Our state-of-the-art bending equipment is amongst the best in the world. These days the bending process is so advanced that it has virtually eliminated distortion.
St Ann’s Sheet Metal Company can service all your bending requirements with our on-site press brakes. We offer high volume services including forming, bending and rolling, from the following brake presses:
- AMADA ITS 50 Tonne 2 MTR
- PROMECAM 80 TONNE 2.5 MTR x2
- PROMECAM 50 TONNE 2 MTR x2
- PROMECAM 25 TONNE 4 FT
We hold a vast library of tools suited for a wide range of bends, rolls and folds, all designed to offer exceptional accuracy and repeatability. Tools allow for a wide range of bend types from standard 90 bends, deep bending for enclosures, L-shapes and hemming through to radius bending and radius rolling.
A press brake is the machine that is used to bend. The lower section contains a V-shaped groove (or ‘die’) while the upper section contains the punch that presses the sheet metal down into the die, causing it to bend. These days the most common method is air bending.
In air bending the die has a sharper angle than the required bend and the upper tool is precision controlled to push the material down allowing it to bend. A general purpose air bending machine has a bending force of around 25 tonnes per metre of length.
The opening width of the lower die is typically 8 to 10 times the thickness of the metal to be bent while the inner radius is determined by the lower die width. Typically, the inner radius is equal to 1/6th of the V-width used in the forming process.
A back gauge is usually used to position the depth of the bend along the workpiece. This is computer controlled to allow the operator to make a series of bends to a high degree of accuracy.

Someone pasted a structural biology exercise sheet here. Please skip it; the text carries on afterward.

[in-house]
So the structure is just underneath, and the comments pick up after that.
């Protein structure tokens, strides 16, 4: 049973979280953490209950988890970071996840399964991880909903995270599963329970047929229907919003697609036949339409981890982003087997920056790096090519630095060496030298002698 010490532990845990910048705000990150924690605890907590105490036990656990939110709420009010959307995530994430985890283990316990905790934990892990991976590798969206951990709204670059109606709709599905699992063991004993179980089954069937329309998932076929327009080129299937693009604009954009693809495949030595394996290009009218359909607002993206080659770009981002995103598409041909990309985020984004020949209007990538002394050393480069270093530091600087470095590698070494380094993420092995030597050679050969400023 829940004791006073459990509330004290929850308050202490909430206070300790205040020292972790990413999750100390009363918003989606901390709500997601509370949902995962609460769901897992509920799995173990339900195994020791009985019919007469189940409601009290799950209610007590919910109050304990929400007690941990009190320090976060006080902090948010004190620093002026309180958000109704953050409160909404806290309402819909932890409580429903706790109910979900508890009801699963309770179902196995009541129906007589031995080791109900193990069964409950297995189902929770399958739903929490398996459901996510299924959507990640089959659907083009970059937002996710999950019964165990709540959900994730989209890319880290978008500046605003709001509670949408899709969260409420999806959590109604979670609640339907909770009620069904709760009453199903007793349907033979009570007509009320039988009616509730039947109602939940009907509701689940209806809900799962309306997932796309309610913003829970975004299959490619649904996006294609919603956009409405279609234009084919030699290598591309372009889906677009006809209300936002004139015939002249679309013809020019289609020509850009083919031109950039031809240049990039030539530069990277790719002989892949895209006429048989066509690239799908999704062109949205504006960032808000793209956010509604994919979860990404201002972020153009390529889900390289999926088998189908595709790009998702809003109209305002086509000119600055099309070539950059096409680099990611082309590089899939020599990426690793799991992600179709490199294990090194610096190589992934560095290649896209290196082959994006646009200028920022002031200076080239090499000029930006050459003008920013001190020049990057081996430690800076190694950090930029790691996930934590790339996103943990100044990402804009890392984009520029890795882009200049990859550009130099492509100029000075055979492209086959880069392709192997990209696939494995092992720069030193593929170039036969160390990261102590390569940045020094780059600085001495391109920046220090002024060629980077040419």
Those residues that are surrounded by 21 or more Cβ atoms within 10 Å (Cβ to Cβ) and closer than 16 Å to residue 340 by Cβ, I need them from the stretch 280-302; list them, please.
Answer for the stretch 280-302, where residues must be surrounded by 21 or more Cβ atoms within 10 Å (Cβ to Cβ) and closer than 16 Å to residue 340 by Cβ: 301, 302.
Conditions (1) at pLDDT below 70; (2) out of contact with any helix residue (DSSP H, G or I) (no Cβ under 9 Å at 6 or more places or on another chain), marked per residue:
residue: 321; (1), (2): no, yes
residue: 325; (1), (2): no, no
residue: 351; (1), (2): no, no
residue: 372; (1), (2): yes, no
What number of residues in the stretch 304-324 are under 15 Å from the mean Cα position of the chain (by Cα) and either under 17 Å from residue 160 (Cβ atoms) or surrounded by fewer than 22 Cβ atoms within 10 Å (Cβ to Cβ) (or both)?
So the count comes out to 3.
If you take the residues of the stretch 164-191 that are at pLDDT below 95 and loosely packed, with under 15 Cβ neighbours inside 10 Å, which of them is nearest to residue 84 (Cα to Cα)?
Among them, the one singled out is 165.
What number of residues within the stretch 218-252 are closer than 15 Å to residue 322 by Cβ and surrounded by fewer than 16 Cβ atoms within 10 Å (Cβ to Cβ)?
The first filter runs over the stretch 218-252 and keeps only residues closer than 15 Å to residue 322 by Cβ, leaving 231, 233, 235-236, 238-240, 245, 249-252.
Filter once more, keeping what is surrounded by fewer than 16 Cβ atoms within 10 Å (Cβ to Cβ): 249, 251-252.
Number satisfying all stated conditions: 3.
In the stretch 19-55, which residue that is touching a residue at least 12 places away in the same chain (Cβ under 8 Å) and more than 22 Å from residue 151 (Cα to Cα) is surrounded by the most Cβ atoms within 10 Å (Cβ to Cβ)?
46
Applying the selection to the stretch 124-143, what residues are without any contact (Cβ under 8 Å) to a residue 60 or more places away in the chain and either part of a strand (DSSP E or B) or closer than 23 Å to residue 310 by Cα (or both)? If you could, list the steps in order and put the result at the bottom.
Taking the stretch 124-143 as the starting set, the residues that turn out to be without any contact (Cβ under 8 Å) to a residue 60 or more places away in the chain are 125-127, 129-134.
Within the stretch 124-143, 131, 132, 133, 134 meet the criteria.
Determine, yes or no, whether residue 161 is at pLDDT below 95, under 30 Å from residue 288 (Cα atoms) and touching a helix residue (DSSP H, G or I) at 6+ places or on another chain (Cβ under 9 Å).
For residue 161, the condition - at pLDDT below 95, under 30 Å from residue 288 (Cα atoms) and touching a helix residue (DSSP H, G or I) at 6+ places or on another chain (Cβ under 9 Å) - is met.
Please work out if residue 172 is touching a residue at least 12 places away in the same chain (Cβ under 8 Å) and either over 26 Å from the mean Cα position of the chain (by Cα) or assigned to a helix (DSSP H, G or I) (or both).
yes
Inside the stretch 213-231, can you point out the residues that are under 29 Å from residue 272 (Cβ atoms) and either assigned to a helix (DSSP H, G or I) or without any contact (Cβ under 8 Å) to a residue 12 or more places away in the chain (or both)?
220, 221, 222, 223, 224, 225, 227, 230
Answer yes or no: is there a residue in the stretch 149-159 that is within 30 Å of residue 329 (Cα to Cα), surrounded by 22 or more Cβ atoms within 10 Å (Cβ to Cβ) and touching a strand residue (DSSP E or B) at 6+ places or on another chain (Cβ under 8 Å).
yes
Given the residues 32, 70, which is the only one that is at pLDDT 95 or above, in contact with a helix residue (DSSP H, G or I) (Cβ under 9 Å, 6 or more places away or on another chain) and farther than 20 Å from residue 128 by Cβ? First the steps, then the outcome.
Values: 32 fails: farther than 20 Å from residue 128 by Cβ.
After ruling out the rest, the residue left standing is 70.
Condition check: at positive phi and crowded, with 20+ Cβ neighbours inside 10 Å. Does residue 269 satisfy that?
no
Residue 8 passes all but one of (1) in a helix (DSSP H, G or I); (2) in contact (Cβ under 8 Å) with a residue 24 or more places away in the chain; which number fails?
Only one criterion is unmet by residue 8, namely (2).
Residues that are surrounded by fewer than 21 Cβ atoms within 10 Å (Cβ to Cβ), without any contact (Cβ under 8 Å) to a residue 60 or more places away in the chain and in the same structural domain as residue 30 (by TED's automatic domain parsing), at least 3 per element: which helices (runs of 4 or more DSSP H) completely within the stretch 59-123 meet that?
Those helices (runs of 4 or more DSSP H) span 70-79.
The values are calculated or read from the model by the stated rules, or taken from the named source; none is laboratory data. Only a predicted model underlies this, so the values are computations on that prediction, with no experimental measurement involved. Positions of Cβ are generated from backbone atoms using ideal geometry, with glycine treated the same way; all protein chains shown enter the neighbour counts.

Simple machines control only the backstop, however more advanced machines control the position and angle of the stop, its height and the position of the two reference pegs used to locate the material. The machine also records the exact position and pressure required for each bending operation allowing the operator to achieve a perfect 90 degree bend across a variety of operations.
Roll forming is a continuous bending operation where longer metal pieces are fed through consecutive rollers. Each set of rollers perform an incremental part of the overall bend until the desired cross-section profile is obtained.
Roll forming is ideal for producing components with long lengths, for producing open profiles or welded tubes. Roll forming is also useful for producing longer lengths or large batches.
Roll-forming lines can be set up with multiple configurations, punching and removing parts in a continuous operation. Components are cut to length using pre-cut dies where a single blank runs through the roll mill. Alternatively post-cut dies are used where the profile is removed after the roll forming process.
Features such as holes, notches, embossing or shearing may be added using punching in a roll-forming line. These can be done pre-punch, mid-line or post-punch.
Some roll-forming lines incorporate just one of the above punch or cutoff applications whereas others incorporate most or all of the applications in one line.
In roll forming a variety of cross-section profiles can be produced, with each profile requiring a carefully crafted set of roll-tools.
Design of the rollers starts with a flower pattern, which is the sequence of profile cross-sections, one for each stand of rolls. The roll contours are then derived from the profile contours.
Because of the high cost of roll sets, simulation is often used for validating the designed rolls and to optimize the forming process. This minimizes the number of stands and the material stress in the final product.
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